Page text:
Military service will also cause most federal student loans to be deferred.


If you have multiple student loans, your mailbox is probably full of college debt consolidation offers. Companies will ask you to roll all of your small loans into one big loan with the promise of a “low monthly payment”. Consolidation is not always a good way to handle debt. It would take me an entire post to explain exactly why, but consolidation almost always results in a greater amount of debt and a higher total cost.

Alternative Payment Plan

Many federal student loan “note holders” offer alternative payment plans for people who might be going through financial difficulty. There are many different plans, but typically they offer a low, often interest only payment for a limited period of time, after which the payment balloon. Alternative Payment plans are a good idea in some limited circumstances, but it is usually best to just continue paying off the loan every month.


Forbearance simple means that your note holder gives you permission to stop making payments for a period of time due to hardship. Under forbearance, interest continues to pile up! Forbearance should only be considered under extreme circumstances.

If you chose one of these methods to reduce your debt, be sure to understand that ultimately, you still have to repay this debt. The longer you delay repayment, the larger the debt becomes. The best way to get out of debt is to work hard and pay it off!

7 Responses (including trackbacks) to “College student loans come with flexibility”

  1. Coupon Artist Says:

    Be careful about deferments- they only pay interest on subsidized loans. Some government loans- like unsubsidized Stafford loans- can be put into deferment but the interest will continue to accrue.

    Also, don’t forget that with forbearance, any interest that does accrue is at some point capitalized onto the principle and you end up paying interest on your interest.

  2. Kristen Says:

    I agree that putting off student loan repayment shouldn’t be a first choice. I got a forbearence several years ago for a 12 month period when I was really struggling financially. That year of no payments (along with completely stopping the use of all credit cards and moving to a cash-only system) allowed me to get back on track. I don’t think I could have done it without the forbearence because my loan repayments were pretty high and were really putting a strain on me at the time. Now that I’m in a better position, I pay above the minimum every month.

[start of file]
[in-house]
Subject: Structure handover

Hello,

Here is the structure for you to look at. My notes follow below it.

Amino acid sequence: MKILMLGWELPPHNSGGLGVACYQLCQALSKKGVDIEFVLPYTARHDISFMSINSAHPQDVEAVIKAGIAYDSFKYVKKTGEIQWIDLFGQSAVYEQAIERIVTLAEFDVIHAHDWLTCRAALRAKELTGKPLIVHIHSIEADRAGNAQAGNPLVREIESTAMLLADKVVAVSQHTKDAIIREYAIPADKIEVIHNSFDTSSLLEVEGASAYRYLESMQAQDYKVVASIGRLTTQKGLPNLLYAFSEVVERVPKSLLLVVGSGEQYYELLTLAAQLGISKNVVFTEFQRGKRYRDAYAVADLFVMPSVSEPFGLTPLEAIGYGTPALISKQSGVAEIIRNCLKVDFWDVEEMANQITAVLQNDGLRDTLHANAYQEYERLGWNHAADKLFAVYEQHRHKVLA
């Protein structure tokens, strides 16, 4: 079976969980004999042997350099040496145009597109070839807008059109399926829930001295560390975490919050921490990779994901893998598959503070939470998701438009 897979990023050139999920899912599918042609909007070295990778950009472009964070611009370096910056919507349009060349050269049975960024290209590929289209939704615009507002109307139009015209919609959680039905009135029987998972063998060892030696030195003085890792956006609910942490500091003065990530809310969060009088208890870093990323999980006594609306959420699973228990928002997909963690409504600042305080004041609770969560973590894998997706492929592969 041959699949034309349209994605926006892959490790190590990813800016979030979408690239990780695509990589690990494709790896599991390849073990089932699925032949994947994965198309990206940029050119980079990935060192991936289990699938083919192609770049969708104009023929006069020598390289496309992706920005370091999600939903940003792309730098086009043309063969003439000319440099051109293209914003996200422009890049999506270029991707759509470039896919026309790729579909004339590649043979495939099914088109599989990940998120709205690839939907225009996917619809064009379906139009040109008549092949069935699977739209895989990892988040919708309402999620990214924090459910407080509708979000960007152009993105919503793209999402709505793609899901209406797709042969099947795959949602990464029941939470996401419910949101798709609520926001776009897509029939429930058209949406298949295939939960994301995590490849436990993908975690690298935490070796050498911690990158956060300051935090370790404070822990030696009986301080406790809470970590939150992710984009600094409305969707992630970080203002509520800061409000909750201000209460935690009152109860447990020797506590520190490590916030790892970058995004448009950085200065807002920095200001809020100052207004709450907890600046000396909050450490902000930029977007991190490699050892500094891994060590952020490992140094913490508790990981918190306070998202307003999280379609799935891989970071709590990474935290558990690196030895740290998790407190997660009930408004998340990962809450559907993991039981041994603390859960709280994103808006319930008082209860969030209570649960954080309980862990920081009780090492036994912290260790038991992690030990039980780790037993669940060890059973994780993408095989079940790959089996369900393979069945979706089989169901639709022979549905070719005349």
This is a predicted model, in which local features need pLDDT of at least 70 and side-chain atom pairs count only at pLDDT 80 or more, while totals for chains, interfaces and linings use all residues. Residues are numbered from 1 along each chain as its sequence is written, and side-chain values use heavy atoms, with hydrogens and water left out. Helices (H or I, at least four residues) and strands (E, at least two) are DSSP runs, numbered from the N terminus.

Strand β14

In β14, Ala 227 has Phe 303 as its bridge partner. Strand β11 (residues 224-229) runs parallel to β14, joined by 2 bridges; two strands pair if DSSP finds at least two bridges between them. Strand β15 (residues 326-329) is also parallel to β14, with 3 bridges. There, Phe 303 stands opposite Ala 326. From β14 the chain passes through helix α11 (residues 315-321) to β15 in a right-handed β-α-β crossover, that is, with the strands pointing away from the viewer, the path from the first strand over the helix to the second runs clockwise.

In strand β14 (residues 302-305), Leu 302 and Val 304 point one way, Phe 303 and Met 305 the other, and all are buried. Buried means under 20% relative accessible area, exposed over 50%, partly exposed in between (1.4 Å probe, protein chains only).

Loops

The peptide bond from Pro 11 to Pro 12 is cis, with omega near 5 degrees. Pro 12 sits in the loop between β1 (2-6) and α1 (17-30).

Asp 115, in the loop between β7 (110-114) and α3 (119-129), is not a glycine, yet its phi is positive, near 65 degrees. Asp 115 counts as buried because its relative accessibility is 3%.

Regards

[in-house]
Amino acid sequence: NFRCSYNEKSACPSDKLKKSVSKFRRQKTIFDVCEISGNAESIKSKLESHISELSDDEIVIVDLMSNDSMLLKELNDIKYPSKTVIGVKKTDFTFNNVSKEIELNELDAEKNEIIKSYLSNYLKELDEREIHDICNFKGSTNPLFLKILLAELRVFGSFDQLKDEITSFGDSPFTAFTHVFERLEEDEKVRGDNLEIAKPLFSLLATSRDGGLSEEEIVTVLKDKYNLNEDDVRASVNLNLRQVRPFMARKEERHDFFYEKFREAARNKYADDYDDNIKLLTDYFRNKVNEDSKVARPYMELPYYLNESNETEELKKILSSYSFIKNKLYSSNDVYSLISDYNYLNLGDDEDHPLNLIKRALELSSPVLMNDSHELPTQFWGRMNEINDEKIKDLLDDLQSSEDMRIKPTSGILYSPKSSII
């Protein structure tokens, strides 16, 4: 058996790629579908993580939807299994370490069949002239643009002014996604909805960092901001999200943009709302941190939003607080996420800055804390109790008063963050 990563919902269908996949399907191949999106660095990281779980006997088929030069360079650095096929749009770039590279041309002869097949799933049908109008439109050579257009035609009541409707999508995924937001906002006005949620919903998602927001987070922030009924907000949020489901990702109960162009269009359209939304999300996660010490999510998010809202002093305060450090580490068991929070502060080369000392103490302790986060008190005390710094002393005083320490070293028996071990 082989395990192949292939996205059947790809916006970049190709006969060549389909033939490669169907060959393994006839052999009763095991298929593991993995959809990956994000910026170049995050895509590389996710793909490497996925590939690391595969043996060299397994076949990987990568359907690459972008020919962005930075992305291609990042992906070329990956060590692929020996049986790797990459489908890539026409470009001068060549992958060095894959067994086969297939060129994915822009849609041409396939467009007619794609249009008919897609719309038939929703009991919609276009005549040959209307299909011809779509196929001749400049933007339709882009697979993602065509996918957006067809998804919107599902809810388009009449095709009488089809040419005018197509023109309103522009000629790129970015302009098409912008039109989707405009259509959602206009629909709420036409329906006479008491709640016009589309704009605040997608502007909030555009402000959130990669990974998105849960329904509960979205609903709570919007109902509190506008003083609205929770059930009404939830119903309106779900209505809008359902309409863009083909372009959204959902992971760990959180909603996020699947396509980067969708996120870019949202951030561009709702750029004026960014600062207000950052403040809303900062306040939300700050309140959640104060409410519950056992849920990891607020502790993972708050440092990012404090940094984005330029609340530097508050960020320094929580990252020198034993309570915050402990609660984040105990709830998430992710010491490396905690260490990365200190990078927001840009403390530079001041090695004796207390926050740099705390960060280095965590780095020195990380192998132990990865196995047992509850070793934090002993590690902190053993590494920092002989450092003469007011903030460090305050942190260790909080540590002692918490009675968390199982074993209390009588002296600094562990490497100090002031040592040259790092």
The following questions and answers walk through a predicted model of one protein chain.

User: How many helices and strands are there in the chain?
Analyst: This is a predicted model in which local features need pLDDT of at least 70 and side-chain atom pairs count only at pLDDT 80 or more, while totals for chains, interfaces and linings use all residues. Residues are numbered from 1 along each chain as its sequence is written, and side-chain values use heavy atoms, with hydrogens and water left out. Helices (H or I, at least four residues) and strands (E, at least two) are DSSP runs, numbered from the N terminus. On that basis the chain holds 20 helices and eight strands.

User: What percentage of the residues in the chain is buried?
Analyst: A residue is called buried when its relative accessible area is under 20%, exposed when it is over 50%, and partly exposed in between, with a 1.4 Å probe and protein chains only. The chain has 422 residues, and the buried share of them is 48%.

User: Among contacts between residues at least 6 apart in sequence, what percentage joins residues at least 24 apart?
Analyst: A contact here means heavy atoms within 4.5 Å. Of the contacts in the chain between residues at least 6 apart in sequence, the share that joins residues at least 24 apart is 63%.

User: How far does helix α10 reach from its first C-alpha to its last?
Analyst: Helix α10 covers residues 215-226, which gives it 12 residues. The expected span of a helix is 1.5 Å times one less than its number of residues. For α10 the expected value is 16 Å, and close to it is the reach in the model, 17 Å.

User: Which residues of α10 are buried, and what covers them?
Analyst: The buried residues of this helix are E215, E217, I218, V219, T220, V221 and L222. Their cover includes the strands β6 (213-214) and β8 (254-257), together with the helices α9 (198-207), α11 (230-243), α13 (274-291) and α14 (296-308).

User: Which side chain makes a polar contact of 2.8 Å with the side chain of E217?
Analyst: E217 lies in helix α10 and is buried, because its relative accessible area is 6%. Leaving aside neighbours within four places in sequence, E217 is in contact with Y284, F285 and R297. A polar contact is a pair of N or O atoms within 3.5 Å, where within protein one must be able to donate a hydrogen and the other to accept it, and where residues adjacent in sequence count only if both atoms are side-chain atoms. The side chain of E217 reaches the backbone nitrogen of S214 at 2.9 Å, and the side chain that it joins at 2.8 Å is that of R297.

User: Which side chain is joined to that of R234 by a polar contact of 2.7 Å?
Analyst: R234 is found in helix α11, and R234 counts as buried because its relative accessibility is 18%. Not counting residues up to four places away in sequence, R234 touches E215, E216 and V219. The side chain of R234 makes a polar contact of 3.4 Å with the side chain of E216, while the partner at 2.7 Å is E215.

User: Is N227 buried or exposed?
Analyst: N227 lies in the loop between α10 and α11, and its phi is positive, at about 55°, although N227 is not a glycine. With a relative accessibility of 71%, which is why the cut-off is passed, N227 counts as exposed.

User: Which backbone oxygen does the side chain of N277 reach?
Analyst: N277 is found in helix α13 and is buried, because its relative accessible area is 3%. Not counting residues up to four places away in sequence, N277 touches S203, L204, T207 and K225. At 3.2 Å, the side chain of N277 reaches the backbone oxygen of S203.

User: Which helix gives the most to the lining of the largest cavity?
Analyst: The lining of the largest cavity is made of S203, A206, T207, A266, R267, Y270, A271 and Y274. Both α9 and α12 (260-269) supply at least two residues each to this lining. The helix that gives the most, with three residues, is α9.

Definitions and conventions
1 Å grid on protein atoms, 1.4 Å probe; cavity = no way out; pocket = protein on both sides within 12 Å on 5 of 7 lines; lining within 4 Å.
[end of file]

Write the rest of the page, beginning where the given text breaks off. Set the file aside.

3. MITBeta @ Don't Feed The Alligators Says:

    “When it comes to boyfriend advice, there is almost always a hidden agenda behind the suggestions.”

    I think you’re way off base here. What makes you say this?

  4. Stew Says:

    Okay, I was being a little facetious about the boyfriend thing. Hopefully you got that when I characterized “husband advice” as infallible. :)

    But as the father of two girls, I don’t think I can be too careful.

  5. Kristy @ Master Your Card Says:

    I know the boyfriend bit was all in good fun, but I think the boyfriend genuinely told Leah what he believed to be correct and she now has a perfect opportunity to help educate him. I agree that if she is in a good financial position she should not be putting off paying her student loans. The goal is to be debt free.

    I have a client at work who says it doesn’t make business sense to pay your student loans. I fail to see her point of view. She’s been shuffling her payments now for 2 years. I’ve explained to her – several times – that she will have to pay them in the end, whether she thinks they make good business sense or not – and delaying them only makes it worse as they are accruing interest. Besides which, she knowingly borrowed the money, so she should pay it back, but that’s just a personal value speaking there.